British Prime Minister Theresa May publicly criticized U.S. Secretary of State John Kerry for his comments about Israel last week. Kerry’s statement came days after the United States abstained from a UN Security Council resolution condemning illegal Israeli settlements.

Kerry’s speech on the Israeli-Palestinian peace process was unusually sharp by U.S. standards, referencing America’s history of racial segregation to describe the Israeli occupation and even referencing the “Nakba” with empathy, something no other high level U.S. official has ever done. Kerry also took aim at Israeli Prime Minister Benjamin Netanyahu, who he blames for the failure of peace talks in 2014, calling his government the “most rightwing coalition in Israeli history.”

In a highly unusual rebuke of America’s top diplomat, Theresa May’s spokesperson called Kerry’s comments “inappropriate” and even attacked the secretary of state for suggesting settlements were a major obstacle to peace. The U.S. State Department responded bluntly, saying the Obama administration was “surprised” by May’s statement, since Kerry’s speech covered a range of issues. The State Department also noted that the UNSC resolution was “in-line with the UK’s own longstanding policy and its vote at the United Nations last week.”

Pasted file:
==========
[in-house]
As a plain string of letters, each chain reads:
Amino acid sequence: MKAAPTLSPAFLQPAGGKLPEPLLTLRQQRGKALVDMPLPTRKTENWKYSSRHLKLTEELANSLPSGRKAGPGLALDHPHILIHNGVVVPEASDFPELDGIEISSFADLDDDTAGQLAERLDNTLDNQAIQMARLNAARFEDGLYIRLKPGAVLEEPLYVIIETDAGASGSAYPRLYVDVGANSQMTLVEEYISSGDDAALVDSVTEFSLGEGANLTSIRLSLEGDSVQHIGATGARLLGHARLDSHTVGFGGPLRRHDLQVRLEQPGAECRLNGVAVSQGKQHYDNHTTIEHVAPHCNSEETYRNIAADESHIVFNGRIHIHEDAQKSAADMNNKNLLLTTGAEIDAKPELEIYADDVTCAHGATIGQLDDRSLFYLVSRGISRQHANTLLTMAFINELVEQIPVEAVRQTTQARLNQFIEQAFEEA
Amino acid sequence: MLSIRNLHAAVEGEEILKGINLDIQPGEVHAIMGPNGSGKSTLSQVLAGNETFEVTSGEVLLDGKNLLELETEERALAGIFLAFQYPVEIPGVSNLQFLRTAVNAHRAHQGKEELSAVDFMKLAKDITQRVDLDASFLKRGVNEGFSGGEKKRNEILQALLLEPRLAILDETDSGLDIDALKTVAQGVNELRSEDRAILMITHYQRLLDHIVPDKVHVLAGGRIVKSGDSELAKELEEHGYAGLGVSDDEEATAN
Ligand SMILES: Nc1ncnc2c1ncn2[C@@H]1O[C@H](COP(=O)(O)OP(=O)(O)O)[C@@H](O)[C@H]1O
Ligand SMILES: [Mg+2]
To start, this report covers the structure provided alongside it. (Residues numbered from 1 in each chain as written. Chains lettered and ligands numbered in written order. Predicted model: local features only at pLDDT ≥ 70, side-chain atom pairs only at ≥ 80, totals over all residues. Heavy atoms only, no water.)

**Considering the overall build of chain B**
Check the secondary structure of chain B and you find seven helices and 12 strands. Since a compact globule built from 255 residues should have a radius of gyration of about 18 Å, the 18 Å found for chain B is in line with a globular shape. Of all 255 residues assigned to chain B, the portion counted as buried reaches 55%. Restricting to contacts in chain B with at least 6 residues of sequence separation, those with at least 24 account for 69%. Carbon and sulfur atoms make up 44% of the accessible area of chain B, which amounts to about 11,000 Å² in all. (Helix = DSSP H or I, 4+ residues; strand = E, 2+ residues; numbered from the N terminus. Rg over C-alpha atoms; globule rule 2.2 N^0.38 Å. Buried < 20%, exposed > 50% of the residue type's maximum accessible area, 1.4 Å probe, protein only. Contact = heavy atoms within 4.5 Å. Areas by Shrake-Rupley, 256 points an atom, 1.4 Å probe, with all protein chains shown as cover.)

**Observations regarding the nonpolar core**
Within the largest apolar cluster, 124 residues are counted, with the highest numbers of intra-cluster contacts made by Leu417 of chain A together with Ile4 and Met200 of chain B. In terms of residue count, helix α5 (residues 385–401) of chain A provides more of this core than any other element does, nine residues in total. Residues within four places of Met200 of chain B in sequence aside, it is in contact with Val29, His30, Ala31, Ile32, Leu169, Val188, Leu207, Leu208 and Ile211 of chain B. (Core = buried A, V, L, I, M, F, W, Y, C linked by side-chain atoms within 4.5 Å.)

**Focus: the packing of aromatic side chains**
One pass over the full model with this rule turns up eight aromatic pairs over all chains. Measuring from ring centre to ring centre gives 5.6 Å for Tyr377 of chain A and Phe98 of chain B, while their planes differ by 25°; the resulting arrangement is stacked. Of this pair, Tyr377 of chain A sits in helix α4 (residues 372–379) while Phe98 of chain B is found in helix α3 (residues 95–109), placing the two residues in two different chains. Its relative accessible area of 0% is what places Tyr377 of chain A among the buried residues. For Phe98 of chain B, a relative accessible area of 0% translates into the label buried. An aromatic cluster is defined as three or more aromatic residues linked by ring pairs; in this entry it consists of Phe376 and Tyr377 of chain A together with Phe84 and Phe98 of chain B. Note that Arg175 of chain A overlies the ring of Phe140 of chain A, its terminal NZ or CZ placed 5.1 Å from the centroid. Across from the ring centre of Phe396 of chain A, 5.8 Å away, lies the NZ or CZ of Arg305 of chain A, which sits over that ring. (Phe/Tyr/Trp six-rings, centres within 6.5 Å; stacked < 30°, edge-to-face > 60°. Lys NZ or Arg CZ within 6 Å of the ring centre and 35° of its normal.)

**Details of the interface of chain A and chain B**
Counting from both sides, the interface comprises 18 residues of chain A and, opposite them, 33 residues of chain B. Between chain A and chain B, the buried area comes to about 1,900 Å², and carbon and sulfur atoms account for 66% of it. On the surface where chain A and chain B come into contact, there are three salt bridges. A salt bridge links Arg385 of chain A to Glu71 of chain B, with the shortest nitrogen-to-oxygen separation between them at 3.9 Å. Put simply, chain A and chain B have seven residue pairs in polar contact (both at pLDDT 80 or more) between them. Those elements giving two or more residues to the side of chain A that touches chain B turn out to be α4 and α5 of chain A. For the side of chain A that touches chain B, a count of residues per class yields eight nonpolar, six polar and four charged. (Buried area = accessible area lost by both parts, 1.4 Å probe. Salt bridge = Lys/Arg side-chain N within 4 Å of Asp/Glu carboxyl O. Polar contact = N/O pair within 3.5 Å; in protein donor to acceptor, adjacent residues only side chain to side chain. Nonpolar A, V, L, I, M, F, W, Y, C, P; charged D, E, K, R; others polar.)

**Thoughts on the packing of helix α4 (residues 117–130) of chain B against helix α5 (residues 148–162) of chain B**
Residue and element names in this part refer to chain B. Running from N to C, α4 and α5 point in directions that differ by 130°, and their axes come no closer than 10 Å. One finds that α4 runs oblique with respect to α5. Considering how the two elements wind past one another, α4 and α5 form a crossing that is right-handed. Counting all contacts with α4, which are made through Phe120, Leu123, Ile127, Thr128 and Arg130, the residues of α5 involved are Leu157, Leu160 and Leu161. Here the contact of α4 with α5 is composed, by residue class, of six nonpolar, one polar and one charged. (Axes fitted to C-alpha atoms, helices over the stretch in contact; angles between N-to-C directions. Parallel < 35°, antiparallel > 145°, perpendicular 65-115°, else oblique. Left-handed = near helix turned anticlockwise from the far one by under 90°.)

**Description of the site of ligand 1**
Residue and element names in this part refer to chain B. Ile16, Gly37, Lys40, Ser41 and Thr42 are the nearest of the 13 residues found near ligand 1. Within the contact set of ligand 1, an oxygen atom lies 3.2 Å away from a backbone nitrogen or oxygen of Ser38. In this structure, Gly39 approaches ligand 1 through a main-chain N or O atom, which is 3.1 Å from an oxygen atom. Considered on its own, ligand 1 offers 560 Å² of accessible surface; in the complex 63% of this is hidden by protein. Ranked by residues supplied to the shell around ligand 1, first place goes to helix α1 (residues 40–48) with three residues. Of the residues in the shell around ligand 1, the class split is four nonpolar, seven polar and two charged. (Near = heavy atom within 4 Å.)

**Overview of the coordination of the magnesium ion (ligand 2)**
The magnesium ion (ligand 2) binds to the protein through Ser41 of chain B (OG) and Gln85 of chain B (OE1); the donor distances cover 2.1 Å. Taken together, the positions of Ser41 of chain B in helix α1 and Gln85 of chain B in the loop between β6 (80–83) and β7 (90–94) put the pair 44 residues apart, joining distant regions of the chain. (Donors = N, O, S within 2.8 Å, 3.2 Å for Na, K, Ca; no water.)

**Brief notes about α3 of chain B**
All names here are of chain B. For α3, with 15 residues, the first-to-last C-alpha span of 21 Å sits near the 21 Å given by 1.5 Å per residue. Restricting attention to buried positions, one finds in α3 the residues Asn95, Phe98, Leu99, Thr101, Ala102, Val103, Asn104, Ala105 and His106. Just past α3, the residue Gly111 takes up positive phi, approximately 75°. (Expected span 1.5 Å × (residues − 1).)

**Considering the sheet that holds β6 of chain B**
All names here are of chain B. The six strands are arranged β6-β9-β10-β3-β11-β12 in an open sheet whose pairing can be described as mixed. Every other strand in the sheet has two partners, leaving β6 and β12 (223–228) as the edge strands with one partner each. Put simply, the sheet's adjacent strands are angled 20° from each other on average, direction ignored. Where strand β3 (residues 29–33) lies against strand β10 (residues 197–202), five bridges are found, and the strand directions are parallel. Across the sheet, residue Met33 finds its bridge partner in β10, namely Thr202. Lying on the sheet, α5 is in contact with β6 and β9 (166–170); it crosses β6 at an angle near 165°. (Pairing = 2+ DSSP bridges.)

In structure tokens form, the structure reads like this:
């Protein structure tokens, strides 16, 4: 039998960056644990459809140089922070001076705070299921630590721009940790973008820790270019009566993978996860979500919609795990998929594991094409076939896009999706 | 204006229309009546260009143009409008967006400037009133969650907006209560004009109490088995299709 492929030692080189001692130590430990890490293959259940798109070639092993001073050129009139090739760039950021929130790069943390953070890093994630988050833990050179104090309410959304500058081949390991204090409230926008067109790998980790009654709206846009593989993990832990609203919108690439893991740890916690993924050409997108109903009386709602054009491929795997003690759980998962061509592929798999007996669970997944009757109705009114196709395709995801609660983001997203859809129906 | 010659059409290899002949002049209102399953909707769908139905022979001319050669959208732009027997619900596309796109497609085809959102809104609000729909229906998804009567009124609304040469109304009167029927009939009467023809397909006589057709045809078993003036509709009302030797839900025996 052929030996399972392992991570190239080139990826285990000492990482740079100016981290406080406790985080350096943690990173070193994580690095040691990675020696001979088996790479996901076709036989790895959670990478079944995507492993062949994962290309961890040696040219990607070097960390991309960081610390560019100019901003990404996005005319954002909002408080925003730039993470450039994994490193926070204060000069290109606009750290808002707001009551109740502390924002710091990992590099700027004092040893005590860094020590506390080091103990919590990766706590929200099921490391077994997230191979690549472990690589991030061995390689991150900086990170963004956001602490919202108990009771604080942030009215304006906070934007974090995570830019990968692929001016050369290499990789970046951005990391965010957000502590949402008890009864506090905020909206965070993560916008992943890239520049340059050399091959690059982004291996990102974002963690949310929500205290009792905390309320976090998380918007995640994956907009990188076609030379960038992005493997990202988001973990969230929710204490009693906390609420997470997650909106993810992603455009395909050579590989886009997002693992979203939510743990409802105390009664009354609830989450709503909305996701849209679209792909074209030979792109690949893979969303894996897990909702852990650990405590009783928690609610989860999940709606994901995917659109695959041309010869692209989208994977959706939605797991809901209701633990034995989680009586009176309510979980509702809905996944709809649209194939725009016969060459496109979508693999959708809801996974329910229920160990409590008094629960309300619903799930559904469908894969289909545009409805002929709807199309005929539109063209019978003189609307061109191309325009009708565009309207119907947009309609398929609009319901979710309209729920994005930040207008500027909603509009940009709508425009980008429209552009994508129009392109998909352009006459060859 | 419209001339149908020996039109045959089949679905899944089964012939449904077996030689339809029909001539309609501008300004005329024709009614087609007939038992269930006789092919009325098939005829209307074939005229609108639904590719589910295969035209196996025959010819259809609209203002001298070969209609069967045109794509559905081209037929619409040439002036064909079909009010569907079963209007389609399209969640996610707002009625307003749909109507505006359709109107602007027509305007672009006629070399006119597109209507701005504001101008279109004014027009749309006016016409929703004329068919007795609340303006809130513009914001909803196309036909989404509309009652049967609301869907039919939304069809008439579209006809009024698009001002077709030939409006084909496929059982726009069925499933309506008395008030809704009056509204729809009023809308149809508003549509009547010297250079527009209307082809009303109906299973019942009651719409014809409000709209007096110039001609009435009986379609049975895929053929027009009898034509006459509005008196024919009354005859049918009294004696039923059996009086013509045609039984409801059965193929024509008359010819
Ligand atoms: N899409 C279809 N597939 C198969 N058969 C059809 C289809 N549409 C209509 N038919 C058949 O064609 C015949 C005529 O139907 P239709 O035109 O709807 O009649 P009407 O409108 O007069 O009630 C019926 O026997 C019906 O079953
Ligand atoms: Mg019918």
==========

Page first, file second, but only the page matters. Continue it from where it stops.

Britain played a key role brokering Security Council Resolution 2334 behind the scenes. The resolution prompted a swift backlash from a furious Netanyahu, who summoned the ambassadors of countries that supported the motion and threatened to cut funding from the UN. Trump, meanwhile, said Kerry’s speech proved the Obama administration was treating Israel with “disdain and disrespect,” and urged Israel to “stay strong” until he takes office in January.

Seizing on this partisan reaction, May’s public criticism was an unorthodox attempt to rekindle Britain’s ‘special relationship’ with the United States. In a post-Brexit world, the British government is increasingly isolated from Europe and far from a priority for the incoming U.S. president. After his November win, Donald Trump spoke to nine other world leaders before speaking with May. During that conversation, he offered a highly unusual and casual invitation to the British PM to visit the United States, simply saying: “If you travel to the US you should let me know.” A few weeks later, Trump caused even more frustration within the British government, when he suggested far-right UKIP leader Nigel Farage, who led the charge on Brexit, should be the UK’s ambassador to the United States.

May’s statement is strikingly out of touch with the European position on Kerry’s speech, specifically, and on the Israel-Palestine conflict, more generally. Germany, for example, welcomed Kerry’s statement, while France will be convening a Middle East peace conference in January, much to Israel’s chagrin.

Trump will embolden the dangerous, pro-occupation, and anti-peace elements of  Israel’s expansionist far-right. By implicitly supporting these policies, May’s overtures to the most unqualified and uninformed U.S. president ever will put Britain on the wrong side of history when it comes to the Israel-Palestine conflict.

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